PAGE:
The phenomenal growth in public support for the Bharatiya Janata Party in West Bengal was unquestionably one of the biggest news points of the 2019 general election. The party’s popular vote rose from 17 per cent in 2014 to 40 per cent in 2019 and its Lok Sabha tally increased from two seats to 18. There are suggestions that had it not been for the climate of violence and intimidation, the BJP’s share of seats and the popular vote would have been greater.
In any event, the BJP’s performance in West Bengal was nothing short of spectacular. Most political pundits who had expected the party to gain in votes but fail to convert these into seats were taken by surprise, as was the chief minister who entered the 2019 election expecting a walkover on her home turf. The post-election convulsions in the Trinamul Congress are, to a very large extent, the consequence of an outcome that showed up the ruling party as very vulnerable. Although the appeal of Prime Minister Narendra Modi played a big role in securing an additional 16 seats for the BJP, it is now being realized that the outcome was as much a verdict on the growing popular dissatisfaction with the state government, particularly among Hindus. As the state reels from a bout of post-poll political violence, the focus has shifted to the assembly election of 2021. Will the BJP be able to consolidate its gains, surge the extra mile and unseat Mamata Banerjee, or will the dynamics of an assembly election benefit the regional player?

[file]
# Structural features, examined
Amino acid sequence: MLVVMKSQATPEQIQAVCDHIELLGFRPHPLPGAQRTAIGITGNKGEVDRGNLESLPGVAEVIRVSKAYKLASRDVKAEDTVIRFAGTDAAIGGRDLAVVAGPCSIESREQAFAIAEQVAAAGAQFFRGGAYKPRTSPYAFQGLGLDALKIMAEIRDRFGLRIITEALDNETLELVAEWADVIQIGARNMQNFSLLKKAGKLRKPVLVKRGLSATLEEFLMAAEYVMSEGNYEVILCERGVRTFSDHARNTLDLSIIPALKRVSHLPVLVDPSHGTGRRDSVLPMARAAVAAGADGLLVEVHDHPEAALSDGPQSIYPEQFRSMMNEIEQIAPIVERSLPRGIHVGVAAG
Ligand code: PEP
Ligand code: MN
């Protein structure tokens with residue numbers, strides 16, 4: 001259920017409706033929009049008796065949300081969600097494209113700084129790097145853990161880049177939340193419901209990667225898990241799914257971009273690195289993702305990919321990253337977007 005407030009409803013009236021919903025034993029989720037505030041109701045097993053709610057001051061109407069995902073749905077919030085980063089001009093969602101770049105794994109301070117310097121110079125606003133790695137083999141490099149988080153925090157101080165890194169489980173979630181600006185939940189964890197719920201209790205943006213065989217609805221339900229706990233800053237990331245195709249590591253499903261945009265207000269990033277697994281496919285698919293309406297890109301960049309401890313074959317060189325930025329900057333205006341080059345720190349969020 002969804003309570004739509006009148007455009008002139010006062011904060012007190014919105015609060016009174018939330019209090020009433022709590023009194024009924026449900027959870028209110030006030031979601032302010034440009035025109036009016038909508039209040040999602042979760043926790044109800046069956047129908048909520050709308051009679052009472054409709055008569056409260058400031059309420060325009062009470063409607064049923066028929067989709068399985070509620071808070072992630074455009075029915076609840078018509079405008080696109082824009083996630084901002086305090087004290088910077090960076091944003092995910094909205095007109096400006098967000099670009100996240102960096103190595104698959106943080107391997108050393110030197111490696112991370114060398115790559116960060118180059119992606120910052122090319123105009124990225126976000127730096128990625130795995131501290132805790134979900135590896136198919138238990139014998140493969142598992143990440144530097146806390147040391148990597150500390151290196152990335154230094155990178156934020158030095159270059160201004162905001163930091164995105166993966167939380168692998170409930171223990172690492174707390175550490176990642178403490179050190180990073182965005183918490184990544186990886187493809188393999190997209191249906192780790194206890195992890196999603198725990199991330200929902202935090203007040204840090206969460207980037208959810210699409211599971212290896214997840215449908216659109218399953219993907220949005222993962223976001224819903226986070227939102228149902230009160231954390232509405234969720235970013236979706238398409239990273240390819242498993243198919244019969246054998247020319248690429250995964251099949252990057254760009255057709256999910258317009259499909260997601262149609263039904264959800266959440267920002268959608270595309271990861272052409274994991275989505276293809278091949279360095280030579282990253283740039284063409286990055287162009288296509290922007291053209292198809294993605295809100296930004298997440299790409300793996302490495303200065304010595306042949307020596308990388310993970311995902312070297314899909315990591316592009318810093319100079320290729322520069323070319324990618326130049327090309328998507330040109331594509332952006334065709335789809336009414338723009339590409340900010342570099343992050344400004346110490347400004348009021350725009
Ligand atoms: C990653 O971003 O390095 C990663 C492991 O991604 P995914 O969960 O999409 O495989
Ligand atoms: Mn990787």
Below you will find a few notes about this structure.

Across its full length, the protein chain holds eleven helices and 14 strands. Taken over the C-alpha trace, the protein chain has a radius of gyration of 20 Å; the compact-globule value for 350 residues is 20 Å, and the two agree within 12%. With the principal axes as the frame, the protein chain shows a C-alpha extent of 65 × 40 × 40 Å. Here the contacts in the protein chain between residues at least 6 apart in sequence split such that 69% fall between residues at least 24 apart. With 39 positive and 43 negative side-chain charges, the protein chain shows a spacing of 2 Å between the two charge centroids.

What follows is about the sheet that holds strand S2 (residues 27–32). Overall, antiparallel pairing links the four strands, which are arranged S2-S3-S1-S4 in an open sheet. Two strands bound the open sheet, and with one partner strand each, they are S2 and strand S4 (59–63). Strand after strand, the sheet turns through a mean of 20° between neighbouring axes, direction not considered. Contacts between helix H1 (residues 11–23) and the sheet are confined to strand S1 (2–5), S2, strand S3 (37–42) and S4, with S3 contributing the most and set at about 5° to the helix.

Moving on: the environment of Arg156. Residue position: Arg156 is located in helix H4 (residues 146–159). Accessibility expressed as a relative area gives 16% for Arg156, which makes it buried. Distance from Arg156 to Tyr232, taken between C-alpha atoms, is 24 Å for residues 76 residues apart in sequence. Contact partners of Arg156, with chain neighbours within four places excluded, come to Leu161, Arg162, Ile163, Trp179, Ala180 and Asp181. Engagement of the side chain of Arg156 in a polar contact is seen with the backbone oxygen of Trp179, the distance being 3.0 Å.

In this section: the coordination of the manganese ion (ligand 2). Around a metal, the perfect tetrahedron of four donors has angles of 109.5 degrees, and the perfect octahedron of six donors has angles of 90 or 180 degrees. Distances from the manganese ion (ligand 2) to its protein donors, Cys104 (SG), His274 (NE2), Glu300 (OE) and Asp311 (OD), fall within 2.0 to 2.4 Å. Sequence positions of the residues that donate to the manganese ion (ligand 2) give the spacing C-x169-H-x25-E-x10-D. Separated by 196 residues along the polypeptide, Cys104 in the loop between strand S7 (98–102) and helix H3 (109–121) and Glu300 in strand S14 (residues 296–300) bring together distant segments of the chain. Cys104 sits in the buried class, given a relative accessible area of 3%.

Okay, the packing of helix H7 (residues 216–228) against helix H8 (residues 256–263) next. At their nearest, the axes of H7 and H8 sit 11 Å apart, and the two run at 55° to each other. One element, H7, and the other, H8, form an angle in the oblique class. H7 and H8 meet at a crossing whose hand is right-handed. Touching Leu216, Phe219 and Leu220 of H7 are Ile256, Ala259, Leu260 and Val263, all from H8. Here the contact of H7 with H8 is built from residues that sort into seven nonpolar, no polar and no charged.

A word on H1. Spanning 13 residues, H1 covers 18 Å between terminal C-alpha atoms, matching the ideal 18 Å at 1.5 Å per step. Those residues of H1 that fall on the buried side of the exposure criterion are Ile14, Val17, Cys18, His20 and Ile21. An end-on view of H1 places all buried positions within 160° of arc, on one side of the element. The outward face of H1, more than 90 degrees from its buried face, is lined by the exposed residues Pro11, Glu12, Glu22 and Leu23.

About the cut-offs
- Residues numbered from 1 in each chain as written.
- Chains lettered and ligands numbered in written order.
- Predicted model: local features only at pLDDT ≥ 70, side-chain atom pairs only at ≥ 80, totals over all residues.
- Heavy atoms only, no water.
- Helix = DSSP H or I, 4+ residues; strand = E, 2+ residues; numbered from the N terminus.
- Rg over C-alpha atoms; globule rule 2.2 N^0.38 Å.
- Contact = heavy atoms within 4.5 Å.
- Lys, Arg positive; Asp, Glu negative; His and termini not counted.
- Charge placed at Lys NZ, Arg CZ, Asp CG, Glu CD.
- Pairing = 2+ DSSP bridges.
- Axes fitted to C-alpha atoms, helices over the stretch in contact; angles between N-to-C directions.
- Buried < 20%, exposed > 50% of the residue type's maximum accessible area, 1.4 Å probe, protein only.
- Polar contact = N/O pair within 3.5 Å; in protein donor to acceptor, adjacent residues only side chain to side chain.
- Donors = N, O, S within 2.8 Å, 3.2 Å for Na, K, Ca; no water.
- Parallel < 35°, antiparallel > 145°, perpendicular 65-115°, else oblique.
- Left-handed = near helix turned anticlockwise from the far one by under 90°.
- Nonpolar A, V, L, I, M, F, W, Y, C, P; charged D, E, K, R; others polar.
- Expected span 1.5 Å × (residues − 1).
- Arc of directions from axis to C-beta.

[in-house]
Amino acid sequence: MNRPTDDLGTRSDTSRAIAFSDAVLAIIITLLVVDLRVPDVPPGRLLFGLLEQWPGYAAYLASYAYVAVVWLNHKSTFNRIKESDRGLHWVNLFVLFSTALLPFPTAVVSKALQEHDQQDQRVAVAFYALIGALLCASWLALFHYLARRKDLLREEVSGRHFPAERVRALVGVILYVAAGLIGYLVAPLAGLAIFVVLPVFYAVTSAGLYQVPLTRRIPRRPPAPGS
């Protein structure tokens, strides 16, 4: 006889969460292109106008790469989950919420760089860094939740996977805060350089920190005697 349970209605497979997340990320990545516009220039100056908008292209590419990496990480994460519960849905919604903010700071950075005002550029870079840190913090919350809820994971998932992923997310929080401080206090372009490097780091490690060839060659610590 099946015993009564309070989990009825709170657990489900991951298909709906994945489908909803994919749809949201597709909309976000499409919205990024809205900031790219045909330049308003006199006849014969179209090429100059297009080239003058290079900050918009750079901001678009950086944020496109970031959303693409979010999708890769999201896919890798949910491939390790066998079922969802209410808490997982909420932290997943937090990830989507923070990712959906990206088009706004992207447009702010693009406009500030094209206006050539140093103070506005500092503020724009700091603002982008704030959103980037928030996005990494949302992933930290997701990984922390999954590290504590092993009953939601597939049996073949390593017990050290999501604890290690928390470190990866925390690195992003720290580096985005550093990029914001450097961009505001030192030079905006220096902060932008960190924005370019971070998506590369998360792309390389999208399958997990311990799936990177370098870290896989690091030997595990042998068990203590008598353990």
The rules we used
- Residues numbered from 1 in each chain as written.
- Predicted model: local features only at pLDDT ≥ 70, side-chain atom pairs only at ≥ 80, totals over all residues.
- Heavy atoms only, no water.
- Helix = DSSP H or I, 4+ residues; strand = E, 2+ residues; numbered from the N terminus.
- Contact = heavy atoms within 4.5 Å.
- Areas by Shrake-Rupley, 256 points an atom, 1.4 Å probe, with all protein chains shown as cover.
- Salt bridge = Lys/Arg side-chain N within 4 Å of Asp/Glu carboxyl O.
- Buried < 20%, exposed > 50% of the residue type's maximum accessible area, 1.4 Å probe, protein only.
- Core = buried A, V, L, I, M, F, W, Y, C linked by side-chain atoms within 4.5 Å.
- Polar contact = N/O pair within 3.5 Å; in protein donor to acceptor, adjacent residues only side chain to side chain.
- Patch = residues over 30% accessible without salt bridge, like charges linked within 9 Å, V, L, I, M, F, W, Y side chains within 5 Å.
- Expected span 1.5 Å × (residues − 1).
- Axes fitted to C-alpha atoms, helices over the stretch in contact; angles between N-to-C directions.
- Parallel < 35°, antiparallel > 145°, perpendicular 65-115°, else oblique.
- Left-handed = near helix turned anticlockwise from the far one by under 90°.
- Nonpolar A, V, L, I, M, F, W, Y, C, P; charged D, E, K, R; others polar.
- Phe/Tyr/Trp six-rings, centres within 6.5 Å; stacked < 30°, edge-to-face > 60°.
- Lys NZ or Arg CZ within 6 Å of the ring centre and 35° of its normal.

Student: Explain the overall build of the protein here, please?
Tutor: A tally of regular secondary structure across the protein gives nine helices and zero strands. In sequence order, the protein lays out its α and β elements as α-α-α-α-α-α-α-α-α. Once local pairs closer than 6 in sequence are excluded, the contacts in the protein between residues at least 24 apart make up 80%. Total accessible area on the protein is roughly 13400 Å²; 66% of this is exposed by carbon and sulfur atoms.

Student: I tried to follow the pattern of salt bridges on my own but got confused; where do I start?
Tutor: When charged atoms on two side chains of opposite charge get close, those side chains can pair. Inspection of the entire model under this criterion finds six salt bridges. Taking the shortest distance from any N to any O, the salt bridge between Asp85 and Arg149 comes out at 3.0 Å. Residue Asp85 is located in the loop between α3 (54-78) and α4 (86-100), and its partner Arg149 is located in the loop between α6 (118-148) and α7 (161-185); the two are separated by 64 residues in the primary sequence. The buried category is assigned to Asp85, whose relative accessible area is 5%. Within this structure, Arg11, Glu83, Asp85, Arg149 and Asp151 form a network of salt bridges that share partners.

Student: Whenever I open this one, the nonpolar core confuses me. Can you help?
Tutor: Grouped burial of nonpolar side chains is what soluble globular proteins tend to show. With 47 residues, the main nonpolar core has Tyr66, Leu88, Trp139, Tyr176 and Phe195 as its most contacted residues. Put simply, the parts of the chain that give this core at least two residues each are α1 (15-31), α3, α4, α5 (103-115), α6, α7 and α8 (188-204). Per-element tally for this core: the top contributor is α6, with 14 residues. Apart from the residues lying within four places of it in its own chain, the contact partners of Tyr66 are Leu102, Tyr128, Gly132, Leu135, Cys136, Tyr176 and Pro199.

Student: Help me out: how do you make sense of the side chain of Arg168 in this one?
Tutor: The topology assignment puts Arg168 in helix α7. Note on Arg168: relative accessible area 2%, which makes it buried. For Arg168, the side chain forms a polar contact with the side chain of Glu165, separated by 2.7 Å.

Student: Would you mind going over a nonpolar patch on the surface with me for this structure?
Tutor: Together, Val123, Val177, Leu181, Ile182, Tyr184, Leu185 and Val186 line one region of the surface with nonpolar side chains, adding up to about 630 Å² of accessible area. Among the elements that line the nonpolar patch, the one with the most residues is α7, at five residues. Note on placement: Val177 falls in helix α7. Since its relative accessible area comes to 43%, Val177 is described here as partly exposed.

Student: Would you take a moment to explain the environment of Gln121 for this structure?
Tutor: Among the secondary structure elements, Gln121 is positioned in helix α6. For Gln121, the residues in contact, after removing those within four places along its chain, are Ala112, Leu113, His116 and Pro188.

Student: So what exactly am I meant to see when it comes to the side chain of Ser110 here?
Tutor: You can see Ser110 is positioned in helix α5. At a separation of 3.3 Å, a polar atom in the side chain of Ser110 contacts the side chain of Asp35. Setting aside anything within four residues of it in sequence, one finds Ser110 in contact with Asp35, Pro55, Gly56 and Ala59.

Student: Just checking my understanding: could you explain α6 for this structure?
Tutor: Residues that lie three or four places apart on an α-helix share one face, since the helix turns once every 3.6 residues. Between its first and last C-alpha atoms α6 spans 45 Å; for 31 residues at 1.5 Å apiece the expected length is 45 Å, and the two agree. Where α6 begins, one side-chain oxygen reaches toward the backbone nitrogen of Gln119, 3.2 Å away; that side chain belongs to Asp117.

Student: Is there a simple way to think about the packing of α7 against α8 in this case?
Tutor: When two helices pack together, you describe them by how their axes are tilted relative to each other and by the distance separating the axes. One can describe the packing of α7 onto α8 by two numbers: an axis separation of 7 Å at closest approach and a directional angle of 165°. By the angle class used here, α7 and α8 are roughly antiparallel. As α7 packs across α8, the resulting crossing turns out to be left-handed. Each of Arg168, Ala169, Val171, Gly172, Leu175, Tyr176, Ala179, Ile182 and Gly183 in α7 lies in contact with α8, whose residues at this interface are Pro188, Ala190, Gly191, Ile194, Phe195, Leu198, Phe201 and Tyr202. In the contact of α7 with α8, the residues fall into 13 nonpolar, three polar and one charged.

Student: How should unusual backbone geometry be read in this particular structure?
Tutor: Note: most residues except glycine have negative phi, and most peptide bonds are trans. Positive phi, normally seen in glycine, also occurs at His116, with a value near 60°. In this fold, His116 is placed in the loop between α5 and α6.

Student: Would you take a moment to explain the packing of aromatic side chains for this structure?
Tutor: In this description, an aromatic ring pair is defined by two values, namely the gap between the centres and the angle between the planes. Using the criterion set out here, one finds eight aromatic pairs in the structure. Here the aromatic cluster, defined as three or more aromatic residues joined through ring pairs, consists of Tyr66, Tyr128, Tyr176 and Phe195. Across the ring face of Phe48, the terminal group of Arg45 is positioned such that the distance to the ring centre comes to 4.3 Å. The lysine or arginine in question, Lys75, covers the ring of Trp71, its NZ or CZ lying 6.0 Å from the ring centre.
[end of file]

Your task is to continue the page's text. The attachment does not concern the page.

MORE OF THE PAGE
It is important to note that the rise of the BJP in West Bengal has followed a different trajectory than in other parts of India. Whereas in most other states where the BJP is now an established player political success had invariably been preceded by sustained groundwork by either the Rashtriya Swayamsevak Sangh or organizations linked to it, in West Bengal, however, the RSS presence has been extremely patchy and mainly confined to the border districts. More important, the RSS wasn’t able to translate even this limited presence into social influence.
Likewise, even the rapid growth of the BJP nationally after 1990 in the wake of the Ayodhya movement didn’t leave any lasting impact on West Bengal. The party did win two Lok Sabha seats in 1999, blending the local influence of its two candidates — Tapan Sikdar in Dum Dum and Satyabrata Mukherjee in Krishnanagar — with an alliance with the TMC. It could not, however, use this as a launch pad for further expansion. In hindsight, it can be said that the entire dividend of its alliance with the TMC between 1998 and 2006 accrued to Banerjee. The BJP bankrolled the TMC in its early — and most difficult — years but gained little from it. Till the arrival of Narendra Modi in 2014, coinciding with the steady decline of the Left, saw it emerge as a significant third party, the BJP in West Bengal had reconciled itself to the routine business of losing deposits in elections.
The importance of the Left’s marginalization in the rise of the BJP after the assembly election of 2016 shouldn’t be underestimated. In the 1950s, an important core support for the Jana Sangh had come from dispossessed Hindus from Pakistan. In West Bengal, however, following the death of Shyama Prasad Mookerjee in 1953, the Hindu refugees from East Pakistan drifted to the Left, leaving the Jana Sangh high and dry. In the Hindi-speaking areas, the Jana Sangh and the Lohia socialists had competed for the anti-Congress space. In West Bengal, the communists occupied the space and monopolized it. Wedged between opposition to both the Congress and the Left, there was little or no space for saffron politics. It was the decimation of the Left at the hands of the TMC — a period that coincided with the growing national importance of the BJP — that has redefined politics in West Bengal.